Receive a 20% Discount on All Purchases Directly Through IGI Global's Online Bookstore

Stefan Edelkamp (University of Dortmund, Germany)

DOI: 10.4018/978-1-59904-849-9.ch227

Chapter Preview

TopBinary decision diagrams or BDDs are one option for a space-efficient representation for state sets.

A BDD (Bryant 1992; see Figure 1), is a data structure to manipulate Boolean functions efficiently. BDDs are finite state machines over the alphabet {0,1} with a 1-sink that operates as an accepting state. Each internal node is labelled with the variable (index) for selecting the outgoing transition (either 1 or 0, see figure) for a given variable assignment. For evaluating a BDD, a path is traced from the root to the sinks (all paths obey the same variable ordering). What distinguishes BDDs from decision trees is the use of reduction rules, detecting unnecessary variable tests and repeating subgraphs. This leads to a unique representation, polynomial in the number of input variables for many interesting functions. The reduced and ordered BDD representation is unique; a clear benefit to the satisfiability test for Boolean formulas, which by the virtue of Cook’s Theorem (1971) is an NP-hard problem

In symbolic search, BDDs accept the state vector representation. According functions are satisfied, if the state vector for the input assignment is a member of the represented set. The characteristic function can be identified with the state set it represents.

The transition relation Trans represents the actions (see Figure 2). It refers to current state variables x and next state variables x’ and is satisfied, if there is an action that transforms a state vector into one of its successors. The transition relation for the entire problem decomposes in the disjunction of the transition relations for singleton actions. The order of variables in the state vector is crucially influencing the size of the BDD. Unfortunately, the problem of finding the ordering that minimizes the BDD size is NP-hard (Wegener 2000). The interleaved representation for the Trans(x,x’) that alternates between x and x’ variables often leads to small BDDs.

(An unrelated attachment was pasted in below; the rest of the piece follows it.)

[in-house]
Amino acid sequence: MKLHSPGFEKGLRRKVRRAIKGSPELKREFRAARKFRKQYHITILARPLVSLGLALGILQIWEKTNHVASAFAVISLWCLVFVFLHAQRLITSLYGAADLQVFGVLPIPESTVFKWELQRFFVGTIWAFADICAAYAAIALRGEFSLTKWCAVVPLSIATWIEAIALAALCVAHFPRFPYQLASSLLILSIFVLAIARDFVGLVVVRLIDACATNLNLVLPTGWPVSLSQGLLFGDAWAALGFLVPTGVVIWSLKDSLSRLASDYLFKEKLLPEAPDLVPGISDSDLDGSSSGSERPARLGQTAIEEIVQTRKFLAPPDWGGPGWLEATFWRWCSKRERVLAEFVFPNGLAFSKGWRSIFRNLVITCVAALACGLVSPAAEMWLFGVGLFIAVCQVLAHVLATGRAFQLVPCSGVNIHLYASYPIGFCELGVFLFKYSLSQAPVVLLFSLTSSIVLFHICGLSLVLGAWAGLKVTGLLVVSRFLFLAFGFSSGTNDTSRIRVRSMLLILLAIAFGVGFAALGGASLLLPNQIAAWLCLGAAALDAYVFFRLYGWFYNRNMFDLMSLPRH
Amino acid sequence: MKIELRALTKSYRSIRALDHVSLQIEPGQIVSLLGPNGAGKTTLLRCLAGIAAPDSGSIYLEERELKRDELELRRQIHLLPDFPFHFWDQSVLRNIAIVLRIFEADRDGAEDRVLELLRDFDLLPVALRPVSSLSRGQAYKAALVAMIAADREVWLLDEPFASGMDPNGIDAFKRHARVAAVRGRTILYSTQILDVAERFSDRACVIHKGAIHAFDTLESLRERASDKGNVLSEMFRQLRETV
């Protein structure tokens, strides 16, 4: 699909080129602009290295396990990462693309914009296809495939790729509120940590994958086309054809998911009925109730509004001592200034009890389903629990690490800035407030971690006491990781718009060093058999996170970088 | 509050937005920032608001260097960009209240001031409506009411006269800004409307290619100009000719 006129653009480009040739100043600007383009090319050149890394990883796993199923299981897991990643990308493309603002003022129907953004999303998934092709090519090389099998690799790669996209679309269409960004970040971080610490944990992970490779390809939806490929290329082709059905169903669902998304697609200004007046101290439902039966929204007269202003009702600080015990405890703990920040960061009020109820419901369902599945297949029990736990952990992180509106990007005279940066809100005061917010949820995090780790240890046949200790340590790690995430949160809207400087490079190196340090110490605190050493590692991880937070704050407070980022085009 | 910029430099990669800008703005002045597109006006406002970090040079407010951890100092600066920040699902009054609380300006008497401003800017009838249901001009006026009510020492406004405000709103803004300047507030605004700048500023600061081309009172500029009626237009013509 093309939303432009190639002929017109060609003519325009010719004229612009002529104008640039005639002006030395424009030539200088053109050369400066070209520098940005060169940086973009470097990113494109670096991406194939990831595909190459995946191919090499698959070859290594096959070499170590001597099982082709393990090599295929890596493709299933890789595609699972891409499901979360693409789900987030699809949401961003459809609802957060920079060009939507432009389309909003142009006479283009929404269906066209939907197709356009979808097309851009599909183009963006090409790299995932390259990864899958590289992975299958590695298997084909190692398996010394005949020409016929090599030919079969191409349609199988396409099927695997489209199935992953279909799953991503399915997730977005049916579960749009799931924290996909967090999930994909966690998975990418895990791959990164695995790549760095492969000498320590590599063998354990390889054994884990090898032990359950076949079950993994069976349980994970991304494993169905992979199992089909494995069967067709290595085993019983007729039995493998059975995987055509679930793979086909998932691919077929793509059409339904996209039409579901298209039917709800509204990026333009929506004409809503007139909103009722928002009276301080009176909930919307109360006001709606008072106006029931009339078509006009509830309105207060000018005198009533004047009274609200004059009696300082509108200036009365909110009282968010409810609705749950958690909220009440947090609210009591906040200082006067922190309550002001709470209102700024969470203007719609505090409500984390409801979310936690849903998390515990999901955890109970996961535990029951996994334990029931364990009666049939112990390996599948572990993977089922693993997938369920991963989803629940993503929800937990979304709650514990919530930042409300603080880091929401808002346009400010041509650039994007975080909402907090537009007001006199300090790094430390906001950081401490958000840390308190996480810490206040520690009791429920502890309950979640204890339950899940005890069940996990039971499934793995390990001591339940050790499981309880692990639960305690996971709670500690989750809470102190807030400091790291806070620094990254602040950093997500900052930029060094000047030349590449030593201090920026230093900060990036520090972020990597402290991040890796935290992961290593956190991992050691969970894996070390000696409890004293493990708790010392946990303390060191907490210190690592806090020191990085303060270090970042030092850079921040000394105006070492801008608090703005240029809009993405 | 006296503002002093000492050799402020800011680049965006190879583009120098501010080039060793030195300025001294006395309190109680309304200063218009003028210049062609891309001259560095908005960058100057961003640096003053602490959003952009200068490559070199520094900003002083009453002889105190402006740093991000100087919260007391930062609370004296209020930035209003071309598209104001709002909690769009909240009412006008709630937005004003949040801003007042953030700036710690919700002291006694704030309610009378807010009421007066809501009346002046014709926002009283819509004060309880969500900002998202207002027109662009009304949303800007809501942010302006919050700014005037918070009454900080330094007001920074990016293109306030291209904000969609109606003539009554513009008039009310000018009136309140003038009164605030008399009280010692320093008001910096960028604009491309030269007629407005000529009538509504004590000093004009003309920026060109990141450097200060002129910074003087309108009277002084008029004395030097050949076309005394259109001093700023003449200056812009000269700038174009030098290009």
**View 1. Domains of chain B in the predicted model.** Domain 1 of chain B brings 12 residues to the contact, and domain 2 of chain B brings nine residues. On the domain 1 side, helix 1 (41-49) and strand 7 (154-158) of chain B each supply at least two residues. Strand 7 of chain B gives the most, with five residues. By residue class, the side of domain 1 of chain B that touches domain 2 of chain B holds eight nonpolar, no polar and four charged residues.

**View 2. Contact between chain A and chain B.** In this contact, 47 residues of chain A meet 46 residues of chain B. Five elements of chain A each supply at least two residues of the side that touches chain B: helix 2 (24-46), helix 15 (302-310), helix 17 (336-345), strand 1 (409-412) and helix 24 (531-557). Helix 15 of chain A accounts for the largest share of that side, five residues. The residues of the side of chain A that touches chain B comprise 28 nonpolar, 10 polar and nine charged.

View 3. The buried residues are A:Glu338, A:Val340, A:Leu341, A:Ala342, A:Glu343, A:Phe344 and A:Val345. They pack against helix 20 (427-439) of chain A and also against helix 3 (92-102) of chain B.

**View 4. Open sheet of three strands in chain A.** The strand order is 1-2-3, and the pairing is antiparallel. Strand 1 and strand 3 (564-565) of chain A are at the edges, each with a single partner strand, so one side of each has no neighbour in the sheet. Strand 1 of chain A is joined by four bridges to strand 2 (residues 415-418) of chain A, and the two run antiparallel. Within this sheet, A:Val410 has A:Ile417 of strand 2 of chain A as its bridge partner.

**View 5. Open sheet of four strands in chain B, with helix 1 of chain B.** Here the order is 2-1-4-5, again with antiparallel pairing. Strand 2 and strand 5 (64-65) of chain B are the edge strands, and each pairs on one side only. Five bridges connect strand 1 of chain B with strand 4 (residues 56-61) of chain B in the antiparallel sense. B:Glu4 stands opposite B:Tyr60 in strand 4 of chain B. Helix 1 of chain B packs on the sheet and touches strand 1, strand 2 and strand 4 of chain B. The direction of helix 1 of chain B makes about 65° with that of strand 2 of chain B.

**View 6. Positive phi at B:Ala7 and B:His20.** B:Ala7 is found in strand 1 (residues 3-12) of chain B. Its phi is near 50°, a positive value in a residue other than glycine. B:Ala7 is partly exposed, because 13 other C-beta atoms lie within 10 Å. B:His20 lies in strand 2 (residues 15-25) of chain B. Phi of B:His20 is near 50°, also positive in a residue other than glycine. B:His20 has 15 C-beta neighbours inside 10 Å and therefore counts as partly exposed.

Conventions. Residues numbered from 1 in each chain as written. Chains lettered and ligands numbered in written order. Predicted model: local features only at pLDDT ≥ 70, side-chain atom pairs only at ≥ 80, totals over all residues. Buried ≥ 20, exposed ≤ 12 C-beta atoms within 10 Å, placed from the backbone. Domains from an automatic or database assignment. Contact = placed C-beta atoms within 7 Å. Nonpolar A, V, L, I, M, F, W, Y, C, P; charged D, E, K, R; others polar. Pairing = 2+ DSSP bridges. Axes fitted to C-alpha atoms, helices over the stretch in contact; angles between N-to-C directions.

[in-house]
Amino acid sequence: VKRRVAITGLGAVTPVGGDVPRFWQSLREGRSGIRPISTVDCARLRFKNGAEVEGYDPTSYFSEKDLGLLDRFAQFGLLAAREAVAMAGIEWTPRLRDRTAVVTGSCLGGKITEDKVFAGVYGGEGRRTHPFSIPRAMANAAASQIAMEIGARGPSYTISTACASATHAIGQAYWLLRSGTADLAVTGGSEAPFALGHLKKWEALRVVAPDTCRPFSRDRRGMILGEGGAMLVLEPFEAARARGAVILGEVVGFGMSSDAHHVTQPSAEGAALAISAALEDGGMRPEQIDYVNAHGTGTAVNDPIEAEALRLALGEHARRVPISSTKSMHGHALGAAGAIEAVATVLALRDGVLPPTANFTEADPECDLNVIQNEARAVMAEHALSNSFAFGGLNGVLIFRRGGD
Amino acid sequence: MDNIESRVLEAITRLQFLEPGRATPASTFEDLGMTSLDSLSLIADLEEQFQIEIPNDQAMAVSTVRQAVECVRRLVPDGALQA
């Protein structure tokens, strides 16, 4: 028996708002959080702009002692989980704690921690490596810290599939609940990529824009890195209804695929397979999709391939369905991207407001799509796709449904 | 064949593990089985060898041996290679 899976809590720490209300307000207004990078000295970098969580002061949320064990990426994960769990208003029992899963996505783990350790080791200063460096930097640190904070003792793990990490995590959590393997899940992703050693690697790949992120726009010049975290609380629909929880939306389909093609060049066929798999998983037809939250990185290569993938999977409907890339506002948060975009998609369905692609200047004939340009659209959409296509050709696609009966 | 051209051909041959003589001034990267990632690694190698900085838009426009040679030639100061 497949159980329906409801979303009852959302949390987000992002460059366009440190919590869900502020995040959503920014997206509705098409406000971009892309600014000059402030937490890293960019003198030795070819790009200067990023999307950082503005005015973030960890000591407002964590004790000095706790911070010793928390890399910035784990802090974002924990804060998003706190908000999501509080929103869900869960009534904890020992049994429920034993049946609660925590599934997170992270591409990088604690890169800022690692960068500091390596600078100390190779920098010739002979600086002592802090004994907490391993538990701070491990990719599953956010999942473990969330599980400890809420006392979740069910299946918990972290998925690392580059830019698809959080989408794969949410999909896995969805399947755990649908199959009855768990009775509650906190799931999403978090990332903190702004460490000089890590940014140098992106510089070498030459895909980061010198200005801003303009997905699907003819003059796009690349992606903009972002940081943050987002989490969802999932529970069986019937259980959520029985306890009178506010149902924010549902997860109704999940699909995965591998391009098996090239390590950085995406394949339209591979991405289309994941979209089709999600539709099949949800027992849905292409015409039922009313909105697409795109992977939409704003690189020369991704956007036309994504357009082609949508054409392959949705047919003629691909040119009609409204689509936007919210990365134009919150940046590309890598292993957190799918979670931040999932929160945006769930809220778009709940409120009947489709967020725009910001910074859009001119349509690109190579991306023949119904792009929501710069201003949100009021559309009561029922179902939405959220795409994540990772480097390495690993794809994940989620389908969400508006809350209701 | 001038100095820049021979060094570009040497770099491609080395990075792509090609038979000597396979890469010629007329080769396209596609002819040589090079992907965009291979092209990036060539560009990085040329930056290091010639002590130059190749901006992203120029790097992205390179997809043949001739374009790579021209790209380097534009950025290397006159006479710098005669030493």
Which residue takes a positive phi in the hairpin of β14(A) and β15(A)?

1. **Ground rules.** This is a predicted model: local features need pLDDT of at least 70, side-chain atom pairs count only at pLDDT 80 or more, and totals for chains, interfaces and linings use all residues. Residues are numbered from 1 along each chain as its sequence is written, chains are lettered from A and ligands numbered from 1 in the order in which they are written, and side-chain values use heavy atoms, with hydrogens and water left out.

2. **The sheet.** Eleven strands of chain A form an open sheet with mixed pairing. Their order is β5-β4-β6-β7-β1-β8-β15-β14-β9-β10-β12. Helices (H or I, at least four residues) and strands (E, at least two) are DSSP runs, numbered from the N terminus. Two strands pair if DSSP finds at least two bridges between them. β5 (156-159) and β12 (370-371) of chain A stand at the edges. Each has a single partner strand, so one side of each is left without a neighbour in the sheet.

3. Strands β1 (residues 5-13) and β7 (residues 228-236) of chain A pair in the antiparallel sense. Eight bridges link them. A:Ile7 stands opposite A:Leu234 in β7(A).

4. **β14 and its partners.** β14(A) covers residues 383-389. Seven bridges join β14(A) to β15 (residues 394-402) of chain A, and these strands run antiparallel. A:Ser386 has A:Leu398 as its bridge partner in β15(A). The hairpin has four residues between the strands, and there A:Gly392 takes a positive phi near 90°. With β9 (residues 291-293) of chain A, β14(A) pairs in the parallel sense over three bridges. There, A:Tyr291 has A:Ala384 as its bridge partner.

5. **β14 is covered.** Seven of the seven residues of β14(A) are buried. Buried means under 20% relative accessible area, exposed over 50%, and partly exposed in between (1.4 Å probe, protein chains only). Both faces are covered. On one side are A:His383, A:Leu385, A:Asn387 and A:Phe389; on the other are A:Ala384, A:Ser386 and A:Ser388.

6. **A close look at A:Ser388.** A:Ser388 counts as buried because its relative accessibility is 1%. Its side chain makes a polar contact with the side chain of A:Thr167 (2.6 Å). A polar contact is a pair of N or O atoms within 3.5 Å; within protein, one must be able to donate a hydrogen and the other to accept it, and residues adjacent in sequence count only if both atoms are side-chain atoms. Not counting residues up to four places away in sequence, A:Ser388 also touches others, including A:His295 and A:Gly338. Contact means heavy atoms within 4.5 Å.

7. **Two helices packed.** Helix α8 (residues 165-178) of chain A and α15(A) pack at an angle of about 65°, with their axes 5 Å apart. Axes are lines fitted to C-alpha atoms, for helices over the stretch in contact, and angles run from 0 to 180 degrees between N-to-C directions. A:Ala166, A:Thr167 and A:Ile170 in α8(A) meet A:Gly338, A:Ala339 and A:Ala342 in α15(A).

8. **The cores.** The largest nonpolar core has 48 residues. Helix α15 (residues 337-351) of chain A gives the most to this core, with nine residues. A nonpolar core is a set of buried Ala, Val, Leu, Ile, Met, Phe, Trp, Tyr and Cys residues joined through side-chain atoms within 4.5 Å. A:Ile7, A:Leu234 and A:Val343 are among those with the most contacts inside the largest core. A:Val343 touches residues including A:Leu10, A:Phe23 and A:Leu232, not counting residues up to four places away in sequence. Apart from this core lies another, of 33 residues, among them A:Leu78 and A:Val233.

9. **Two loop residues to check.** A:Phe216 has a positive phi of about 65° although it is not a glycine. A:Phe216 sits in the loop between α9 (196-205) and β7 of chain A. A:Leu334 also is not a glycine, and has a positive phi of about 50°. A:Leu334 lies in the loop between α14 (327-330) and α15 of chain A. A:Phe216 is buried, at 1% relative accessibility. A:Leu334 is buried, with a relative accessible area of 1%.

Action Planning: Refers to a world description in logic, where a number of atomic propositions describe what can be true or false in each state of the world. By applying operators to a world, one arrives at another world, where different atoms might be true or false. Usually, only few atoms are affected by an action, and most of them remain the same.

Duplicate Elimination Scope: The number of layers that a back edge in a breath-first (or best-first) search graph can cross. It is an important parameter for the design of memory-limited frontier search algorithms and has application to improve the efficiency of both symbolic and disk-based search.

Model Checking: For a system model together with a formal description of a property, model checking is a push-button decision procedure. In case the desired property is not satisfied by the model, it returns a counter-example in form of a trace. Among the options for the specification of the model, there are Kripke structures and labelled transition systems. Valid choices for property specifications are linear and branching time logics, or the propositional µ-calculus.

Relational Product: Specialized procedure that combines conjunction and variable quantification in one specialized BDD operation.

Pattern Database: Given that state in a search problem is described as a vector of state variables, pattern variables denote a subset of them. They define an abstraction such that any path in the concrete state space induces a path in the abstract one. A pattern is a specific assignment of values to the pattern variables. A pattern database completely evaluates the abstract search space prior to the base level search in form of a lookup table indexed by the abstract containing the shortest goal distance.

Pattern Packing: Solves the pattern selection problem for constructing pattern database search heuristics. One bin represents a container for the abstract state space and approximates the memory usage for pattern database construction. Multiple bins apply for disjoint pattern database construction. In difference to standard bin packing, the effect of the selection of patterns is multiplicative.

Search this Book:

Reset

Copyright © 1988-2018, IGI Global - All Rights Reserved